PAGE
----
We are now in the season that many Nelson pet owners dread because of a common weed – barley grass. It is common in most dog walking areas around Nelson so it is important to be vigilant over the summer and autumn period.
There are six species of barley grass in New Zealand, all characterised by a triple seed held together by a sharp-pointed barb. The distinctive long-tailed seeds (awns) resemble heads of barley. When the ripe awn breaks off the plant it exposes the sharp barb. This readily clings to animal fur and is the way the seed is spread to new areas.
Unfortunately when dogs were bred with with longer coats this wasn’t taken this into account and these are the pets that
are particularly at risk from barley grass.
The barley grass awn migrates through the coat as the animal moves but if it gets channelled into an opening
then the hundreds of small spicules on the barb ensure that the awn will only go one way. Forward!
The ear is most commonly affected. Because ears are highly sensitive there is initial severe irritation and head shaking. Unfortunately this often works the awn further in. The irritation seems to become most intense when the barb reaches the ear drum. Once it penetrates the ear drum the ear shaking often subsides, but the real problems are just beginning. Bacteria and yeasts infect the inner ear affecting hearing and causing a chronic earache. The eardrum will repair itself but there is usually some watery or purulent discharge leaking through it to indicate that all is not well in the inner ear.
At this point your veterinarian will not be able to tell if there is a barley grass awn behind the healed but discoloured ear drum. The discharge will recur in spite of long courses of antibiotics. Surgical exploration by a procedure called bulla osteotomy is required. Sometimes the remains of several rotten grass awns are recovered.
The small pouch in the skin between the toes is the next most common point of entry. Affected dogs will lick at their paw and a small hole with a watery discharge, sometimes with some blood or pus, can be seen. The hole may seal up, only to open again higher up the foot if the awn is migrating. The tight arrangement of the foot bones usually prevents the awns travelling far up the leg, but it can also make them very hard to retrieve.
The armpits are another skin pouching area where awns readily penetrate. Here there is little barrier to movement and awns can migrate far, even into the chest cavity.
The conjunctival pouch surrounding the eye is another common area for awns to lodge. This is the most common site in cats. Fortunately migration from here is rare, but the ulceration and rupture of the cornea can cost your pet its eyeball. Thousands of sheep are afflicted in this way each summer by barley grass.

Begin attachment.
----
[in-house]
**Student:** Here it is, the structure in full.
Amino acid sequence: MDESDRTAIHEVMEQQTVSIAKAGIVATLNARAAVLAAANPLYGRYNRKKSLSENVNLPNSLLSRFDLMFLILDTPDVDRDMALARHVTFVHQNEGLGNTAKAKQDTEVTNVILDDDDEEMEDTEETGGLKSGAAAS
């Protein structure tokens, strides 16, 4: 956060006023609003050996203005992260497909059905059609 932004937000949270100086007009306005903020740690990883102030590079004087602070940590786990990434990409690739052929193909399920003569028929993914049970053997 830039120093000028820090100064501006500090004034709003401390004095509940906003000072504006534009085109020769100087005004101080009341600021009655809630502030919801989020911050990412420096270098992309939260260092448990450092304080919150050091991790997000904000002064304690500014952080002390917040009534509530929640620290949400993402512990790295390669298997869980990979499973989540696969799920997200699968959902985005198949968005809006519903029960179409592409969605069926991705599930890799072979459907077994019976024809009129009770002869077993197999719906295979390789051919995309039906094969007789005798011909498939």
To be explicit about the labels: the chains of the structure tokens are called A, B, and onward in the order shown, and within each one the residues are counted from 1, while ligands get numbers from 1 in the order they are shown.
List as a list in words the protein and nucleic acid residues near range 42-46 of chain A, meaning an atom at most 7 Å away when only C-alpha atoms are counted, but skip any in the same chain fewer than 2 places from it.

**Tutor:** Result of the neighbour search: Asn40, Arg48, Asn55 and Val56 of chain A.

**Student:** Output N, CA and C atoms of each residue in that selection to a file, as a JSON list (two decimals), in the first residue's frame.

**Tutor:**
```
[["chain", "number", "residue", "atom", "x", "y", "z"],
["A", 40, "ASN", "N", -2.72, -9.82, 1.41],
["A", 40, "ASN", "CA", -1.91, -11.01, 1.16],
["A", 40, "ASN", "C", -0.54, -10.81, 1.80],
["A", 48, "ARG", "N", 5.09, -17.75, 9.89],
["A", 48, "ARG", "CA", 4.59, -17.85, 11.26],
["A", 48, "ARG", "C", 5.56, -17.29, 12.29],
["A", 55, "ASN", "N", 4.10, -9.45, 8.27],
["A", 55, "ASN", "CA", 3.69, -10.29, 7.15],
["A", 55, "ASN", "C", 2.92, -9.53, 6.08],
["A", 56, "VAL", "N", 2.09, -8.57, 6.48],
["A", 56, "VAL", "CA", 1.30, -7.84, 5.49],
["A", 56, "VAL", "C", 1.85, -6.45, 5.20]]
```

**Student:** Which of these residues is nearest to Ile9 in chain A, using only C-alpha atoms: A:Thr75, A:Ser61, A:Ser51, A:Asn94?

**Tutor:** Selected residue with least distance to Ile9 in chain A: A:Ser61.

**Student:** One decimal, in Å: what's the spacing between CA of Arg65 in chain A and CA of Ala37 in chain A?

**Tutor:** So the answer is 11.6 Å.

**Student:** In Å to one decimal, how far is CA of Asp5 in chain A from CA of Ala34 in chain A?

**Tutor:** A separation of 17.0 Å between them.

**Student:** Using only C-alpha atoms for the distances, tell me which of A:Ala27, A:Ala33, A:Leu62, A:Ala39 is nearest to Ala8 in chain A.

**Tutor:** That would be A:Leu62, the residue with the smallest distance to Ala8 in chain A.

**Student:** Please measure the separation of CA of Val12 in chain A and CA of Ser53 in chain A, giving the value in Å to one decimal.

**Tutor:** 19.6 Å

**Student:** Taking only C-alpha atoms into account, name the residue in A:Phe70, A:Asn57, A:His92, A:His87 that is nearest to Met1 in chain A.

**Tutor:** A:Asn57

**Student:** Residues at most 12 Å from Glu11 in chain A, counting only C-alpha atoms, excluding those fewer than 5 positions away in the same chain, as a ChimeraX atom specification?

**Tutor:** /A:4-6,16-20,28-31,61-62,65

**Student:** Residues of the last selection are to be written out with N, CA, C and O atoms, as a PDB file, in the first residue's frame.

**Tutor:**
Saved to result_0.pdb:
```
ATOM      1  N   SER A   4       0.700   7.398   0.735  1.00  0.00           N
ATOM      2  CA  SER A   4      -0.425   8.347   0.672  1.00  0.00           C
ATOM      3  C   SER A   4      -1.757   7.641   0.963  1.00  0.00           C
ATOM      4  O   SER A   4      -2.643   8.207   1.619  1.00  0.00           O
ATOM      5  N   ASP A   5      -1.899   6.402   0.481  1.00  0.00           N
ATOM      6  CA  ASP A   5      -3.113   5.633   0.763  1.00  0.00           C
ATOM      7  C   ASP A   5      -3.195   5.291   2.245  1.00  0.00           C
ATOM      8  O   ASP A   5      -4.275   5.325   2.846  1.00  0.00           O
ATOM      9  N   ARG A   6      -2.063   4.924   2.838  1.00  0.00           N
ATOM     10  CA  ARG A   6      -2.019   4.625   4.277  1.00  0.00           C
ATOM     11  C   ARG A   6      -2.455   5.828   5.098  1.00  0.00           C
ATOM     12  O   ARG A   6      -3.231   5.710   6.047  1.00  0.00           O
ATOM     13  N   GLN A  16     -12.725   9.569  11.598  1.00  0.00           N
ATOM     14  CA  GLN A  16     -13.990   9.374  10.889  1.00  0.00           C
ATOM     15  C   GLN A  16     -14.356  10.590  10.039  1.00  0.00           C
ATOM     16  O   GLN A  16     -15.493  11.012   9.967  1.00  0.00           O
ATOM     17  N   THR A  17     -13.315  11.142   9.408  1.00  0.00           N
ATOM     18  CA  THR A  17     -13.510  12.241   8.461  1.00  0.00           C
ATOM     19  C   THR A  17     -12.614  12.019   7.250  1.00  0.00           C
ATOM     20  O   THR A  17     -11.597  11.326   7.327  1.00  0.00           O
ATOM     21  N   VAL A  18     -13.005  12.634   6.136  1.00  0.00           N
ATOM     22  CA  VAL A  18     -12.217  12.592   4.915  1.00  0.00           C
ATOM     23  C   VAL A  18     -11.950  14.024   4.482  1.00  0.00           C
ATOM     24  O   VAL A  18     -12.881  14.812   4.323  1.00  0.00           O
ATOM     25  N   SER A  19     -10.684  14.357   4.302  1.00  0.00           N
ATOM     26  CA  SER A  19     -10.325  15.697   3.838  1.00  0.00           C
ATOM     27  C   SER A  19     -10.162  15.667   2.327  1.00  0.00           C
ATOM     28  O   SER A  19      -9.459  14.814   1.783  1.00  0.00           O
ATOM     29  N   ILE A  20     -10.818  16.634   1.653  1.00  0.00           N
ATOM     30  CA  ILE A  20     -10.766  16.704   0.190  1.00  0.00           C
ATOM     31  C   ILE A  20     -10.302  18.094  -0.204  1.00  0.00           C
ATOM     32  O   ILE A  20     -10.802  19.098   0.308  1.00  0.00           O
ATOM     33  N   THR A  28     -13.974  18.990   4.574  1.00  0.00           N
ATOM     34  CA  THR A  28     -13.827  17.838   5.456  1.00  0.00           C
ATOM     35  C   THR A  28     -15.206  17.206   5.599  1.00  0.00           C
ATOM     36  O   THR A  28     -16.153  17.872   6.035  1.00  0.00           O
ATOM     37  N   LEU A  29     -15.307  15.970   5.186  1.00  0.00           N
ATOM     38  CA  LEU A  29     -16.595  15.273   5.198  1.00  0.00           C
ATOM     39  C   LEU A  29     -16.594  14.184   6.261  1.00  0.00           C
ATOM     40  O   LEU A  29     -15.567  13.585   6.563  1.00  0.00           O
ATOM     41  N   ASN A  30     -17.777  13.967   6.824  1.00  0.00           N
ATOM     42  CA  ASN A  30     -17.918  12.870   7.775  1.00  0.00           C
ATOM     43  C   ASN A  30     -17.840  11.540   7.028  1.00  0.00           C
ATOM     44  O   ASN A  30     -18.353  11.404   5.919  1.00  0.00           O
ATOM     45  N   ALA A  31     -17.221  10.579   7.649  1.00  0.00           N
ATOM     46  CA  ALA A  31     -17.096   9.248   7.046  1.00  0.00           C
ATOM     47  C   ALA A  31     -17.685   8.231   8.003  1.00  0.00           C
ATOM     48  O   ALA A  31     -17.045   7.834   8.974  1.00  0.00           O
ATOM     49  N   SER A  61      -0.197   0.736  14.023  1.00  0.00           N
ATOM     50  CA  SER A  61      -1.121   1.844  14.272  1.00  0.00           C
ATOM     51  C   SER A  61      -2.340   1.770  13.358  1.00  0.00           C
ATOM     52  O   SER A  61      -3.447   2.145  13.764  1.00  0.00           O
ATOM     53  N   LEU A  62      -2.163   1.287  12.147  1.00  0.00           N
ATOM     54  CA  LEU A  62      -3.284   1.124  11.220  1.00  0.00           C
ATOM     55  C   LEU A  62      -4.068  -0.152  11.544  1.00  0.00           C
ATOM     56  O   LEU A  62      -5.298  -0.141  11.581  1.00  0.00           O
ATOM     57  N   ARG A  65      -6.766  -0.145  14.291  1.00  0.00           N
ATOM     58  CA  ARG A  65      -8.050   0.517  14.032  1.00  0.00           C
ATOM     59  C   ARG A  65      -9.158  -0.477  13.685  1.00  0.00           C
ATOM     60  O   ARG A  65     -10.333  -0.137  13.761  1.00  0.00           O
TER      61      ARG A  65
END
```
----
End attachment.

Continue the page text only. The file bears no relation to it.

Barley grass can also migrate up noses and down airways. Awns have migrated up the salivary ducts into salivary glands, and into anal glands – a real pain in the arse! They can find their way into the vulva, and in two cases reported from Mexico, have worked their way up the urethra of male dogs and into the bladder where they were the cause of bladder stones which formed around them.
The worst problem is when migrating barley grass awns cause hidden infections deep in the body. These can be the source of mysterious pain and illness that is very difficult to track down. Blood tests, then ultrasound and even CT scans are part of our diagnostic process.
Prompt attention is the key to success. Removing the awns before they have migrated too far is so worthwhile. A stitch in time really does save nine!
If your dog starts shaking its head, rubbing its eye, licking its paw, or some other area of its body, check it immediately. If you can’t see anything in the ear, don’t assume that there is no problem. If you can find grass awns remove them, but be aware that there may be others which have penetrated further. It is common at surgery to remove more than one awn from the same site.
At surgery we need to track the barley grass from it’s entry point to its current location. This can be a painstaking and very difficult process in areas of the body where the awn can migrate freely and far. Ultrasound can be a useful tool both for diagnosis and for locating grass awns in some of these situations.
If you have an at-risk breed then a close cropped hair cut is the best prevention over summer. Good for general comfort too. If that seems too radical then clip the hair short around the ear openings and between the toes.
Check dogs thoroughly after walks in at-risk areas.
Be alert to the sudden onset of ear discomfort. Don’t ignore it just because it subsides in intensity. Bring it in promptly and we’ll check it out.
Get any small discharging wounds or weeping eyes checked too.
Hans Andersen BVSc MANZCVS